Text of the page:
Inspired by a true story, this is the unforgettable story of a young boy named Ernest, set during the 1909 Seattle world’s fair called the Alaska Yukon Pacific Expo. It is a time when the magical wonders of technology on display at the expo future seems limitless. But for Ernest, a half-Chinese orphan who found his way to America through a last desperate act of his beloved mother, every door is closed. A charity student at a boarding school, he has never really had a place to call home. Then one day, his wealthy sponsor announces that if a home is what he wants, then that is what he will have: Ernest will be offered as a prize in the daily raffle at the fair, advertised as “Healthy boy to a good home for the winning ticket holder.” The woman who “wins” him is the madam of a notorious brothel who was famous for educating her girls. He becomes a houseboy in her brothel and is befriended by the daughter of the madam, as well as a Japanese girl who works in the kitchen. The friendship and love between these three form the first real family Ernest has ever known.
This book is sad at times, but also very heartfelt and inspirational. It is based on a true story, which is one of my favorite types of books to read.
Juju finds a newspaper clipping from The Kennewick Courier.
Seattle – A boy, the charge of the Washington Children’s Home Society, was one of the prizes offered at the exposition. His name is Ernest and maybe he will have a surname if the winner, holding the proper ticket, comes to claim him.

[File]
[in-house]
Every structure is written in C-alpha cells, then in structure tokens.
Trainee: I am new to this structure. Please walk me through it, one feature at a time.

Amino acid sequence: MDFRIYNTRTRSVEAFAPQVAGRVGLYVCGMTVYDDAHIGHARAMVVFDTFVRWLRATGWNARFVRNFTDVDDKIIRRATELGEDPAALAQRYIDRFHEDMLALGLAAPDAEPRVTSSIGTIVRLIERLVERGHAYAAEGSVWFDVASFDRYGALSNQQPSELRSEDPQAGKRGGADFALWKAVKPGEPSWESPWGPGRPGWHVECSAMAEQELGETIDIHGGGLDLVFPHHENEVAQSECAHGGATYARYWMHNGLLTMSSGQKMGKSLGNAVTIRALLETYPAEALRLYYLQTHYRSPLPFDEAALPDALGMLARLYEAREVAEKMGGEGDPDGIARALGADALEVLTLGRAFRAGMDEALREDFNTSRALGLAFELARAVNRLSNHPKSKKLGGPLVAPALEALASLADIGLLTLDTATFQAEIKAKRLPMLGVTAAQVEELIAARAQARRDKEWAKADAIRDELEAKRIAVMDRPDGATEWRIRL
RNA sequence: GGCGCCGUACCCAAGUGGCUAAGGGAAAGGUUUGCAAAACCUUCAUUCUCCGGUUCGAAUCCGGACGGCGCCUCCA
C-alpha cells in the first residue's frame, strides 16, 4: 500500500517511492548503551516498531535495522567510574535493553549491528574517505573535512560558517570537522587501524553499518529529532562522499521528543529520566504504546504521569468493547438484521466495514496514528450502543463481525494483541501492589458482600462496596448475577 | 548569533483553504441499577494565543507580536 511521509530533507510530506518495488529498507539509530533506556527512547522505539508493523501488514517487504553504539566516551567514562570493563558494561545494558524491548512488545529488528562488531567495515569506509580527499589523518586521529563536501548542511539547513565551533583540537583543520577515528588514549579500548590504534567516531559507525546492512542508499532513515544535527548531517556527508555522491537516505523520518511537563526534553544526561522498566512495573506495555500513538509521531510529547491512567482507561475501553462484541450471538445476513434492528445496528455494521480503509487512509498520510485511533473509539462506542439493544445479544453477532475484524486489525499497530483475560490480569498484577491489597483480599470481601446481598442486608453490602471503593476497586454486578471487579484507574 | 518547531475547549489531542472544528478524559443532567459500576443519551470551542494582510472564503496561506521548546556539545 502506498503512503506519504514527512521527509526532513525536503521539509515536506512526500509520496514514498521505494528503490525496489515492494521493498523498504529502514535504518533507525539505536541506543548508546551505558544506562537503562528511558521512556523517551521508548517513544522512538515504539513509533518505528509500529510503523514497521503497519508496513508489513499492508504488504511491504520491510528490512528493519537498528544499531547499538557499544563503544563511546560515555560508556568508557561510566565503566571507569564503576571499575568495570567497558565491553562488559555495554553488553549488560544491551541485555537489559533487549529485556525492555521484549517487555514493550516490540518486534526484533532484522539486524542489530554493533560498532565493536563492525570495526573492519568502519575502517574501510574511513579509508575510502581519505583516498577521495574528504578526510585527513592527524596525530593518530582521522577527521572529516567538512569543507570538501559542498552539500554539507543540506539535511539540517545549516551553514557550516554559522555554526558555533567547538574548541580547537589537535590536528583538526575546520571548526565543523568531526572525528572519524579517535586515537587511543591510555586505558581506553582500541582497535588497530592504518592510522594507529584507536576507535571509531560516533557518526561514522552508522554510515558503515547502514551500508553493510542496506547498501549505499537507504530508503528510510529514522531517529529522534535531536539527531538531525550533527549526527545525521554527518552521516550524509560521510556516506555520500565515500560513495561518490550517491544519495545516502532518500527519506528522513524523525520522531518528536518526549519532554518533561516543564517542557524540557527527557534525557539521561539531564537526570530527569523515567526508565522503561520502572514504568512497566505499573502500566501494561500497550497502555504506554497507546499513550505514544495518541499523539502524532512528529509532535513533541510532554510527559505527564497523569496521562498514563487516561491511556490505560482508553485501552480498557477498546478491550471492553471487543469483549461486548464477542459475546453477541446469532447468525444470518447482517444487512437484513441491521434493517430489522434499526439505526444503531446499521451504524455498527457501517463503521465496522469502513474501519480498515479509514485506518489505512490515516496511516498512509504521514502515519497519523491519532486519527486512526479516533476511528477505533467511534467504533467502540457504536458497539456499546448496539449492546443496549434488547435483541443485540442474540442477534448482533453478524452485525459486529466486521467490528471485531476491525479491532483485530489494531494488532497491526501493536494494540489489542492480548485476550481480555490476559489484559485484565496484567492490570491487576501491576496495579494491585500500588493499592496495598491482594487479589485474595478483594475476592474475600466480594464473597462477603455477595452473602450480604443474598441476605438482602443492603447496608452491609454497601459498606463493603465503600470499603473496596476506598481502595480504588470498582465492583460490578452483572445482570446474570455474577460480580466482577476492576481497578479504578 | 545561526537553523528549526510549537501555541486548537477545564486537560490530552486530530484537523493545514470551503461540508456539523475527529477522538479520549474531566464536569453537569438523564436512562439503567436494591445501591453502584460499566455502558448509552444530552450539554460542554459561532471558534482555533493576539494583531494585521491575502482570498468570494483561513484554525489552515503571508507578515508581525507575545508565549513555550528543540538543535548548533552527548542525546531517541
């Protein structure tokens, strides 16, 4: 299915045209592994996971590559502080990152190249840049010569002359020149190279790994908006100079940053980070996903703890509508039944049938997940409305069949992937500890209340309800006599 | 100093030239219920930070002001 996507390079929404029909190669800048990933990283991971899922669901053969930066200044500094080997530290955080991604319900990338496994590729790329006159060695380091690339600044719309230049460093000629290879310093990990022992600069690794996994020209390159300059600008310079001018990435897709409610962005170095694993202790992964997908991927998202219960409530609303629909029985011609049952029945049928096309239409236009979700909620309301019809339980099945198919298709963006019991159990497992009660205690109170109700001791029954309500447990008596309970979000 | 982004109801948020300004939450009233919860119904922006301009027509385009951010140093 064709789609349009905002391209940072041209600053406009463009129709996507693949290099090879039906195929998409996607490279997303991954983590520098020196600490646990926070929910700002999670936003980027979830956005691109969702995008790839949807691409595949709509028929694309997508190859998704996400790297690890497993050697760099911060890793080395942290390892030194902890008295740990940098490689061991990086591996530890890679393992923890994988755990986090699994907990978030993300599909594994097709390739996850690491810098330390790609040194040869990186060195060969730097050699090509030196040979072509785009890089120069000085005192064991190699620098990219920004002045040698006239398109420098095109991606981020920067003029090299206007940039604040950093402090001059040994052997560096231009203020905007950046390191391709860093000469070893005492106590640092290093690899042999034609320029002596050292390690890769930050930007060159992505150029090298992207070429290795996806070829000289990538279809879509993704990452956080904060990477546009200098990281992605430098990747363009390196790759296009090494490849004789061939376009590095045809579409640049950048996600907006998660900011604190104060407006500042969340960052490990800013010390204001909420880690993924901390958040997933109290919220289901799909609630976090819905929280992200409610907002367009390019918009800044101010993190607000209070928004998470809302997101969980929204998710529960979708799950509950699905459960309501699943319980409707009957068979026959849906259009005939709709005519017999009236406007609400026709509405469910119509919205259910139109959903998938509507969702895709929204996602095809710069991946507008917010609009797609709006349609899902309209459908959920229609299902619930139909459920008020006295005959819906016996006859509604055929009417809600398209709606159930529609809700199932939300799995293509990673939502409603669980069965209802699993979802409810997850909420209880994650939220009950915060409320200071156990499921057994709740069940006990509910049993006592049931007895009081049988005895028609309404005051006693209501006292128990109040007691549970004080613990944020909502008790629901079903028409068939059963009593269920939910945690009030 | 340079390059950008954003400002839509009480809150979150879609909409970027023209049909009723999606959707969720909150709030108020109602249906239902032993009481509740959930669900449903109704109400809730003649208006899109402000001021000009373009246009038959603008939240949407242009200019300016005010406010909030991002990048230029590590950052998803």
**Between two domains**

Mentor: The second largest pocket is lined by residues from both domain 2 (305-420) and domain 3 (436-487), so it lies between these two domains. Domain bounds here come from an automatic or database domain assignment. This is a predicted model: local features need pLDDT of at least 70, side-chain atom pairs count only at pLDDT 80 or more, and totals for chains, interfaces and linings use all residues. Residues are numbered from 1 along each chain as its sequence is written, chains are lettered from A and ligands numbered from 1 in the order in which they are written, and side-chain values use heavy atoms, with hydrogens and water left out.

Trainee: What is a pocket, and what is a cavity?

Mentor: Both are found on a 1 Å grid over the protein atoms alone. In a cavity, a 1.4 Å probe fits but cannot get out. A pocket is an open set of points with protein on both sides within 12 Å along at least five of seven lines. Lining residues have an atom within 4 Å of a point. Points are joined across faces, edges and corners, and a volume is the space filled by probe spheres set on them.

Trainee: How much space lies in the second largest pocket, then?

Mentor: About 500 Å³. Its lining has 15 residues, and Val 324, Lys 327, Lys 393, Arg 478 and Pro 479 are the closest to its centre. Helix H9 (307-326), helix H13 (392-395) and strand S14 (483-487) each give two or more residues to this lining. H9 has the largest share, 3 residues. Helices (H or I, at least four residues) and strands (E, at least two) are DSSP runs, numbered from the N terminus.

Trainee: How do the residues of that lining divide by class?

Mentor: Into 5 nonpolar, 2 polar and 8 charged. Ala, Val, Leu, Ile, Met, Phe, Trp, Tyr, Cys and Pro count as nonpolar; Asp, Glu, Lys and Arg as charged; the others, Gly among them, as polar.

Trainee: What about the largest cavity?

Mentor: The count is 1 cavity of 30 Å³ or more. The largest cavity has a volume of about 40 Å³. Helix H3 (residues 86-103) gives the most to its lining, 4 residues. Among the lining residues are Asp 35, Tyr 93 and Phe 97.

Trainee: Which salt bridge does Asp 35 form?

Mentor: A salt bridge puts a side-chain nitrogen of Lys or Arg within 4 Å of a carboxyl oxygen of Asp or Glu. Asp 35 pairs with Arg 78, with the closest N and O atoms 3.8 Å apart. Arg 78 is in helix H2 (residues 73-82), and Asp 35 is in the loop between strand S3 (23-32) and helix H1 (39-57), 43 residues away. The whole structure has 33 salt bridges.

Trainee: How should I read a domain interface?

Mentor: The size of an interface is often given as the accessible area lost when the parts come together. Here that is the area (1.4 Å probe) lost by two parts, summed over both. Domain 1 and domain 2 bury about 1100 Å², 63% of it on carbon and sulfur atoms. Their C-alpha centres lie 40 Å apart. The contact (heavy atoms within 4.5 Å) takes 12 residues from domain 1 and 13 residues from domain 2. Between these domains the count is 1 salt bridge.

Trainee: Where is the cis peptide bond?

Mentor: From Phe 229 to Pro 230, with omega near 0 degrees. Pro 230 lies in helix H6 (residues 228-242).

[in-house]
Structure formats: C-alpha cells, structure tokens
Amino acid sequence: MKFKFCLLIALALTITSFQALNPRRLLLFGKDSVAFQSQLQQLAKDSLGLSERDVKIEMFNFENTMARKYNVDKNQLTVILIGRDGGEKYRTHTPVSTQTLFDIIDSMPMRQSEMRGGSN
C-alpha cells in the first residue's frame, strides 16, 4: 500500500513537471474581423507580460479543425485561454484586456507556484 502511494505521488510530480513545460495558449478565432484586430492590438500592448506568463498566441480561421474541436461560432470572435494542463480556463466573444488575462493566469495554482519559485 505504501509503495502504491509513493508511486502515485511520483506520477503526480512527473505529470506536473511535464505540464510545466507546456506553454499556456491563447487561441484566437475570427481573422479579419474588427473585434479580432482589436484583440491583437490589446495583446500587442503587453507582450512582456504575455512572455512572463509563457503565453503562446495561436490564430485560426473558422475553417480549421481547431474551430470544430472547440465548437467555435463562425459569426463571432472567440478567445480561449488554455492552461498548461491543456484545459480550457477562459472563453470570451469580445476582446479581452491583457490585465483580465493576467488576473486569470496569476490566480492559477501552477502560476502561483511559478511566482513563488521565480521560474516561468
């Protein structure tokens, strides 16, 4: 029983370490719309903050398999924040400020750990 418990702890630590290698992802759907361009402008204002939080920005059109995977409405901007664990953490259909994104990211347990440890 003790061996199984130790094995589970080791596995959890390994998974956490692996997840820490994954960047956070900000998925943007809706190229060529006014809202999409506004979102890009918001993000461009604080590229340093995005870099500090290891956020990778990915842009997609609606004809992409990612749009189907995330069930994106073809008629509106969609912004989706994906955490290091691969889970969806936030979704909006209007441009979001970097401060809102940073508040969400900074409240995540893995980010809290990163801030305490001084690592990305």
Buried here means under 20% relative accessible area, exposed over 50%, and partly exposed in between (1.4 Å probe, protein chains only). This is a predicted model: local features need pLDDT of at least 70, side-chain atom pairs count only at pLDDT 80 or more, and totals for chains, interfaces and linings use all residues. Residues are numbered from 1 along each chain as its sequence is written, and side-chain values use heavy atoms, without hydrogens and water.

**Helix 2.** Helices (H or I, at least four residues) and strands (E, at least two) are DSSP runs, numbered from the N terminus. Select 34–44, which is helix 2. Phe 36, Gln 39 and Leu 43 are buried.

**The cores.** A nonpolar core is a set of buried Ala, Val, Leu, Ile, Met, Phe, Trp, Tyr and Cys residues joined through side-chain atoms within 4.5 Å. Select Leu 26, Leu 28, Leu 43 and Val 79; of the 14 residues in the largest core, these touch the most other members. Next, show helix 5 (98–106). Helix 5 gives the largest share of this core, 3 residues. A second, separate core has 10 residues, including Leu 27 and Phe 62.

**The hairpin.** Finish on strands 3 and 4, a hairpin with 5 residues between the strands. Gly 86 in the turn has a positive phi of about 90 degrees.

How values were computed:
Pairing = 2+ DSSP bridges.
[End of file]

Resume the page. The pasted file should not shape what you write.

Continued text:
Juju is Ernest Young’s daughter and a reporter for the Seattle Post-Intelligencer. Upon finding the newspaper clipping she confronts her dad and wants to know if he is the Ernest in the article.
“It says Ernest. Was this you? I mean – you once told me how you ended up at the Washington Children’s Home after you came here from China. And you said you were given a job as a houseboy after the world’s fair. You told me that’s where you met mom.”
Ernest is hesitant, but eventually opens up about his past as well as Juju’s mom Gracie’s past.
Ernest sighed. He didn’t know how to explain that his childhood was also Gracie’s childhood. And that whatever indignities he’d suffered through, hers were a thousand times worse – especially in the eyes of their friends and neighbors.
This story is told in alternating time periods, the early 1900’s and 1962. The early 1900’s spans several years from the time Ernest was very young in China, through his travels to America, and how he ends up at the Tenderloin.
This is a beautifully written love story, but it’s really so much more. It’s a touching story of survival and perseverance. Ernest did not lead an easy life, but he always made the best of what he did have. It isn’t until he arrives at the Tenderloin, albeit a gentlemen’s club, that he finally finds a place to call home. It’s there that he meets two girls his age, Maisie and Fahn. The three of them become best friends and he finds himself falling for both of them. Who does Ernest decide to love forever and have a family with? You’ll have to read the story to find out.
I read and loved The Hotel on the Corner of Bitter and Sweet and I’m very happy to say that Jamie Ford has written another wonderful book. Those who love historical fiction won’t want to miss out on this sweet story.
*Thank you NetGalley, Ballantine Books, and Jamie Ford for the opportunity to read and review this book for my honest opinion.
Have you read this book or another book by Jamie Ford?
My Rating: 4/5
Genre: Historical Fiction
Publisher: Ballantine Books
Pages: 320 (eBook)